Archive for the ‘Movies’ Category

Mon 29 Mar 2010 12:01 am   //   Posted in: Mixes, Movies, Music, Videos

Epic Stop Motion Monster Mashup

Here’s a video and a story. First, the video:

Now the story:

Earlier this month, my brother Gerritt and his wife Melanie hosted a party at their house. Gerritt made a playlist of party music, and I suggested we play a movie to serve as “visual noise” for people to talk about and smile at. I went on Netflix queued up the 1963 epic Jason and the Argonauts.


Wed 3 Feb 2010 6:46 am   //   Posted in: Movies, TV commericals

Beth Grant’s weird Skittles commercial

Actress Beth Grant delivers the best line in one of my favorite movies, 2001’s Donnie Darko. Here she is with her classic lament: “Sometimes I doubt your commitment to Sparkle Motion!”

Now, time travel to present day. Beth Grant has showed up in a Skittles commercial. I love this:


Wed 16 Sep 2009 9:00 am   //   Posted in: Bicycles, Movies

The best bike movie of all time

Note: I’m riding in the Bike MS ride on October 4 (info) and so every post this week is about biking!

I was originally going to call this post “The top 5 bike movies of all time,” but who would I be kidding? There is only one that matters: “Pee-Wee’s Big Adventure.”


“I wouldn’t sell my bike for all the money in the world!,” Pee-Wee declares. “Not for a hundred billion million trillion dollars!”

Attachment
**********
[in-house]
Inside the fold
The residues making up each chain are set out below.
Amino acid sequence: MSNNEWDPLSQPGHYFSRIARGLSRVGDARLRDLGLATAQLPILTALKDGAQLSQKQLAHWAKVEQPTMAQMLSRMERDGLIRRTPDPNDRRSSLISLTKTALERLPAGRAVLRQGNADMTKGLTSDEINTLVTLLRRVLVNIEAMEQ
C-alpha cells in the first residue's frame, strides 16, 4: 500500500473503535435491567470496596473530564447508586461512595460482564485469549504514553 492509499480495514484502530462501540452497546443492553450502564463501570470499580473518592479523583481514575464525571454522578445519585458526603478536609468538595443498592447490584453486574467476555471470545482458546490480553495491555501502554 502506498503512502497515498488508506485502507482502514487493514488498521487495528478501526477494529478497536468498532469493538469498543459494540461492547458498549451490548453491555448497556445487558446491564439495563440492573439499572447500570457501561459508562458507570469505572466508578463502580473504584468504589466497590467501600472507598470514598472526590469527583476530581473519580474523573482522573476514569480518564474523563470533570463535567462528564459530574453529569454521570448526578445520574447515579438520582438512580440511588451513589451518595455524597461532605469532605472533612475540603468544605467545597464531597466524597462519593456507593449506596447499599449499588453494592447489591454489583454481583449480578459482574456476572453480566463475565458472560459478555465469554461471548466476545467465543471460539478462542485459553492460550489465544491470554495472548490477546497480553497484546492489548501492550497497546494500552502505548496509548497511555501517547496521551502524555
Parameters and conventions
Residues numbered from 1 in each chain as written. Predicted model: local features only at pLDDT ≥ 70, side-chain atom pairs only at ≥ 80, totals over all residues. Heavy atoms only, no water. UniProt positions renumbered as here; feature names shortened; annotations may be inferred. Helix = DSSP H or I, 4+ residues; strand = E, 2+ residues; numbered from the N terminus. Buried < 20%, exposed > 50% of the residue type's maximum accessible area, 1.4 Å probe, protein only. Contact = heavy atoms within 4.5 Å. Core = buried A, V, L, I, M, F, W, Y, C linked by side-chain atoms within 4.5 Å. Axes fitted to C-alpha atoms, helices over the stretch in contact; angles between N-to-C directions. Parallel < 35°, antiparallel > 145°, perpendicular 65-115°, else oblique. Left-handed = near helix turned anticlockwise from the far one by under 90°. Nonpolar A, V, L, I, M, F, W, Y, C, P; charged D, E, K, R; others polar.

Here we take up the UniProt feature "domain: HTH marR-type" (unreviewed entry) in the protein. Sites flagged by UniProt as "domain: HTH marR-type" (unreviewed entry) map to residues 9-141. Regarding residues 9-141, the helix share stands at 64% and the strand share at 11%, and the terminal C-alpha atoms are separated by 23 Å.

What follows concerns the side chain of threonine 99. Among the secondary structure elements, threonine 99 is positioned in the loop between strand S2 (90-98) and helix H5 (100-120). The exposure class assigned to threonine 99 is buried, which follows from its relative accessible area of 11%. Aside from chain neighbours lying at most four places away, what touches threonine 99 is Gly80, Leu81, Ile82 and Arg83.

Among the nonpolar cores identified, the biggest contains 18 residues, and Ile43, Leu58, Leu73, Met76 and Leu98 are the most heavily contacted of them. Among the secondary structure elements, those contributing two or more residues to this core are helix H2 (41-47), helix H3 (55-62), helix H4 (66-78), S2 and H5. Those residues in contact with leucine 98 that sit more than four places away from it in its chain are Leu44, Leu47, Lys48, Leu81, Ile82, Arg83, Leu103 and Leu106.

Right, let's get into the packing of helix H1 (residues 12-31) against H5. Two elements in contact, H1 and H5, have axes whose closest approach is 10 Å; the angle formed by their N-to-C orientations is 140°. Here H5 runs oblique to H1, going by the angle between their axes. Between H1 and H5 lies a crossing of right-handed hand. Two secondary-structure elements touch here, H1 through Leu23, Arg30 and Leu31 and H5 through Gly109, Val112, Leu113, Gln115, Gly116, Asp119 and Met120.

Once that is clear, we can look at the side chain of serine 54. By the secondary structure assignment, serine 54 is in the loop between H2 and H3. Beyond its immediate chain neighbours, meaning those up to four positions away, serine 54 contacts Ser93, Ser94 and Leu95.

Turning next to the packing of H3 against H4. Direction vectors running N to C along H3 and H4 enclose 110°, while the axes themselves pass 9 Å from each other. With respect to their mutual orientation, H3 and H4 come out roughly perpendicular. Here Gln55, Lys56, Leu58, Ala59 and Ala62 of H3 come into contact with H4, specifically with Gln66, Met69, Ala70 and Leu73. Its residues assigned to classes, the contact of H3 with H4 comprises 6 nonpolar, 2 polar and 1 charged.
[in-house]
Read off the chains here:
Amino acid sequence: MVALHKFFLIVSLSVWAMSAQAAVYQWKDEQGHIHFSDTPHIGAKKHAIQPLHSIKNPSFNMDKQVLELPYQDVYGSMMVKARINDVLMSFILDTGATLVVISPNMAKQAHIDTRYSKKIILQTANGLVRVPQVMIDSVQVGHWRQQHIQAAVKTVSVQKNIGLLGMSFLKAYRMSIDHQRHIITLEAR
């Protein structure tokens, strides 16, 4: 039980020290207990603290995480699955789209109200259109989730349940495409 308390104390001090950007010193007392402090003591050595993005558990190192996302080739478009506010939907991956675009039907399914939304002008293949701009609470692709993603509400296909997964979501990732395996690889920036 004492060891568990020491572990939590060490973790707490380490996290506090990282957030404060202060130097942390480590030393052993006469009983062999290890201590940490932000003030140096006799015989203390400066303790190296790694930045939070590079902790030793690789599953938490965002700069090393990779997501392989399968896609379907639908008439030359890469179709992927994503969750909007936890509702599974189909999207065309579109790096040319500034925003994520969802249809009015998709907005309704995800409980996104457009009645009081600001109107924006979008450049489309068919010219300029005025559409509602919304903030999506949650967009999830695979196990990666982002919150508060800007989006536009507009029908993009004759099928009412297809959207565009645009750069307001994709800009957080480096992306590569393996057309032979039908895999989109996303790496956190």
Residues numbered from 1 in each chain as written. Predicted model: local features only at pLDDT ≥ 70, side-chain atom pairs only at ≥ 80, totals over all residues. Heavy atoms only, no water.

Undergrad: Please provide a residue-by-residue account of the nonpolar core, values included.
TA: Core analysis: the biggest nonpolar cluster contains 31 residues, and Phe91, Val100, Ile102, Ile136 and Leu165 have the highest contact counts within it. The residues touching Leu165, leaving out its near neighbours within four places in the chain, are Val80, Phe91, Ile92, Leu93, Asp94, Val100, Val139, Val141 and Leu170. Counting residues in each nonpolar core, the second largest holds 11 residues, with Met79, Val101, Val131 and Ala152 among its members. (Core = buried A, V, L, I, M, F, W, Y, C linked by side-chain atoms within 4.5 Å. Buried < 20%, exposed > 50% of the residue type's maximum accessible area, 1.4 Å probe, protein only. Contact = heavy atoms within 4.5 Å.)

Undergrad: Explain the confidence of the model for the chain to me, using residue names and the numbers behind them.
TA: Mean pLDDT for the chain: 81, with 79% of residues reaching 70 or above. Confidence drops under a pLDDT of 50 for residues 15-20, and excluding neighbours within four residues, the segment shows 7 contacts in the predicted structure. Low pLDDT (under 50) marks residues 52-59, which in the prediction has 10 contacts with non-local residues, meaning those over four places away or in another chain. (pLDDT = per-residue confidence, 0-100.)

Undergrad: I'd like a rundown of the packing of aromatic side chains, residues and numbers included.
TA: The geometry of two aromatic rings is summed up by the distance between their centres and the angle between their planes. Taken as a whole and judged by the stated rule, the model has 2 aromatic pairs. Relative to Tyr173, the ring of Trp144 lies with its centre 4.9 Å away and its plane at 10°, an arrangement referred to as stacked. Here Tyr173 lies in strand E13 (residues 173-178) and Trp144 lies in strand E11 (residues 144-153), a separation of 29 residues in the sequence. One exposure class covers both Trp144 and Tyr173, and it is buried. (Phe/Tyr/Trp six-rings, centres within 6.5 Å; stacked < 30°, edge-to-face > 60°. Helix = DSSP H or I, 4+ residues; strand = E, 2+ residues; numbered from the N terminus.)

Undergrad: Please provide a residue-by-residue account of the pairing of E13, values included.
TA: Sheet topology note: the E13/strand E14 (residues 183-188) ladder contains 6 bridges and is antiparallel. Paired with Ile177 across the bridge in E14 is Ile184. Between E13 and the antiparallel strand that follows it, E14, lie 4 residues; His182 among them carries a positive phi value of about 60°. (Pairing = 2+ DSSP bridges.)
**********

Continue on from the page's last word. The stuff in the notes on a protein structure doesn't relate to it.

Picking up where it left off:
Right on! Fact: This movie launched director Tim Burton’s career. Fact: This movie spawned the sugary 1980s Saturday morning classic Pee-Wee’s Playhouse, beloved by millions of children. Fact: Every time you hear the song “Tequila” by The Champs, you picture Pee-Wee dancing on the bar.

This movie also has the best bicycle chase scene ever committed to film. Beyond dispute.


Fri 28 Aug 2009 9:00 am   //   Posted in: Hard times, Movies

We need to talk about your flair

The other day at work I was coding an e-mail newsletter while listening to Dr. Dre and realized: I am pulling a total Michael Bolton.

Ten years ago, Mike Judge directed a movie set at a dot-com company in the generic American suburbs. It flopped in the theater. But time has been good to “Office Space.” It’s actually gotten funnier and even more devastating as the trends this movie dryly observed have become more widespread. For people of a certain age, this movie is as much a cultural touchstone as “Star Wars” and “Back to the Future.”

Gawker uses “The Bobs” as slang for “consultants.” The Wikipedia entry on TPS report includes half a dozen pop culture references. Web sites sell red Swinglines and Initech T-shirts. The “Pieces of Flair” Facebook app has 4 million users. Call “Office Space” a cult movie if you must, but it’s one heck of a big cult.


Thu 6 Aug 2009 9:00 am   //   Posted in: Media, Movies, Over!

I will probably never buy another DVD